Saturday, March 8, 2008

The Jerusalem Post Internet Edition

The Jerusalem Post Internet Edition

Attack will be seen in Messianic terms
Amir Mizroch , THE JERUSALEM POST Mar. 7, 2008

While defense establishment officials sitting in the Kiriya military headquarters in Tel-Aviv ponder the diplomatic-security implications of last night's attack, a totally different analysis will be taking place this weekend around Shabbat dinner tables across Jerusalem and most West Bank settlements.

The people directly affected by the deadly terrorist attack on the Mercaz Harav Yeshiva are not just the students, their relatives and friends, but the much wider larger segment of the religious Zionist public. This segment of the population, already seething with anger, which started with the Disengagement in 2005, the Amona pullout, the government promises to America remove illegal outposts, the continued diplomatic process launched at Annapolis and its emphasis to talk about all topics, including Jerusalem, is going to be extremely unhappy about this attack. Together with the grief and sorrow, there is going to be a lot of angry talk about good and evil, about a religious war over the Holy Land.

This attack was aimed specifically for the religious Zionist and settler population, and the terrorists knew that by speaking in this language, to these people, their message could only be interpreted in one way. This will be seen in terms of Ishmael and Isaac.

Being messianic religious people, the religious Zionists are going to see this attack through the prism of messianic prophecy. Already I am hearing on religious Zionist radio stations people talking about the attack in prophetic terms, such as Isaiah 59 verse 20: And a redeemer will come to Zion, and unto them that turn from transgression in Jacob, saith the Lord.

Settler radio talk- show hosts are interpreting this prophecy by saying that if the Jews don't stop Hamas, the Palestinians, Hizbullah and any other Islamic fundamentalists God will force the Jews to do it. The talk-show hosts blame Prime Minister Ehud Olmert, Foreign Minister Tzipi Livni and President Shimon Peres, and several callers into the broadcasts are unanimous in their condemnation of the Israeli government and calling on its removal.

The fact that the Foreign Ministry has already come out with a formal statement saying the attack won't derail the talks with the Palestinian Authority will only fuel the anger of the settler population this weekend. It will be interesting to see how this plays out in the Knesset from Sunday and the implications on the coalition. Shas will come under immense pressure to bolt the government.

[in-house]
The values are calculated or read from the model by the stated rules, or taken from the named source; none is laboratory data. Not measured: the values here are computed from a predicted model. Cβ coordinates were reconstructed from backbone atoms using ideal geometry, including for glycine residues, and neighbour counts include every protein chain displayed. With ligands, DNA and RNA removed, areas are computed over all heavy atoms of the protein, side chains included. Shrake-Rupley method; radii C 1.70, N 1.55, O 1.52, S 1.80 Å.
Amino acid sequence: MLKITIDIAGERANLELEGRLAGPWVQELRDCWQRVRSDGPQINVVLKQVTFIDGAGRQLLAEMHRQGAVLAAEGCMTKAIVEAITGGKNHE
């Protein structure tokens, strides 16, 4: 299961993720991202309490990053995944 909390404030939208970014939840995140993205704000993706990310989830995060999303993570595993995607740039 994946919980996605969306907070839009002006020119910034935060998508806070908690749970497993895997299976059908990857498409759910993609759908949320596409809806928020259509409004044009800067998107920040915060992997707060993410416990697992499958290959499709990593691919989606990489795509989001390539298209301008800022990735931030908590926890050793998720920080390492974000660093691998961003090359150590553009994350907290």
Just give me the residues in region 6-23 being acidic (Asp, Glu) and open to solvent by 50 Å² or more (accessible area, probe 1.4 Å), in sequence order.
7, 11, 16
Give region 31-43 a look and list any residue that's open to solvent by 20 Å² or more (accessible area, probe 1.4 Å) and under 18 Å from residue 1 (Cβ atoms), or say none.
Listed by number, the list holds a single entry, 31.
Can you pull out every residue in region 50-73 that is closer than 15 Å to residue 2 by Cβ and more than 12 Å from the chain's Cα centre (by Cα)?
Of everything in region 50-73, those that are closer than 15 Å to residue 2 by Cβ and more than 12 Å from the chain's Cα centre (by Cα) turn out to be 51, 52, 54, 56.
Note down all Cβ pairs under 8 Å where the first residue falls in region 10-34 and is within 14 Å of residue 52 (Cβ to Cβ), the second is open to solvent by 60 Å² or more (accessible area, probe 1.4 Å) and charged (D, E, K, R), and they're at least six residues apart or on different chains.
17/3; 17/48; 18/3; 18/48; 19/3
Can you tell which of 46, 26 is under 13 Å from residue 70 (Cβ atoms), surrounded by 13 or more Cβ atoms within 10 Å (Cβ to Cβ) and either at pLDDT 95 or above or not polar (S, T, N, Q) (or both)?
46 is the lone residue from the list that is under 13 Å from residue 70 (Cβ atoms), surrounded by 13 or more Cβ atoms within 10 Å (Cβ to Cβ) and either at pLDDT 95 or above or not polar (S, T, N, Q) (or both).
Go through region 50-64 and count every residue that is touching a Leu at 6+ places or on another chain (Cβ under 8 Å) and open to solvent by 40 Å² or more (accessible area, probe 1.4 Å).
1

At the funeral procession speeches Friday at the Yeshiva, Chief Sephardic Rabbi Shlomo Amar began his comments with the Psalm for Assaf: "They have spilled blood like water around Jerusalem."

Many of the top leadership of the religious Zionist movement, speaking at the funerals, spoke of revenge of the blood. The fact that the Jewish students were killed in a house of God touched the most basic nerve of many Israelis, and especially of the religious Zionist public.

The rabbis called on the students not to carry out acts of revenge, saying that judgment is in God's realm. "God's vengeance will come swiftly," Rabbi Mordechai Eliyahu's secretary cried out in his rabbi's name. The eulogists also praised the deceased for their studiousness and deep connection to Torah and entreated those in attendance not to falter in their study of the sacred writ.

Very few people outside the religious Zionist population have even heard of Mercaz Harav, let alone know somebody who studies there. This was not an attack aimed at the wider Israeli public, but a strategic attack against a very vocal public who will be demanding action of the government. There may even be some on the fringes of the settlement movement who will want to take the law into their own hands and carry out a revenge attack, maybe even against targets in East Jerusalem, where it looks like the killer came from.

The fact that the attack was carried out in the way it was - live fire, chasing down the students and shooting them at point blank range, as well as confirming the kills - and not by a suicide bombing, will add to the sense of brutality, of the narrative of good versus evil.

For more of Amir's articles and posts, visit his personal blog Forecast Highs

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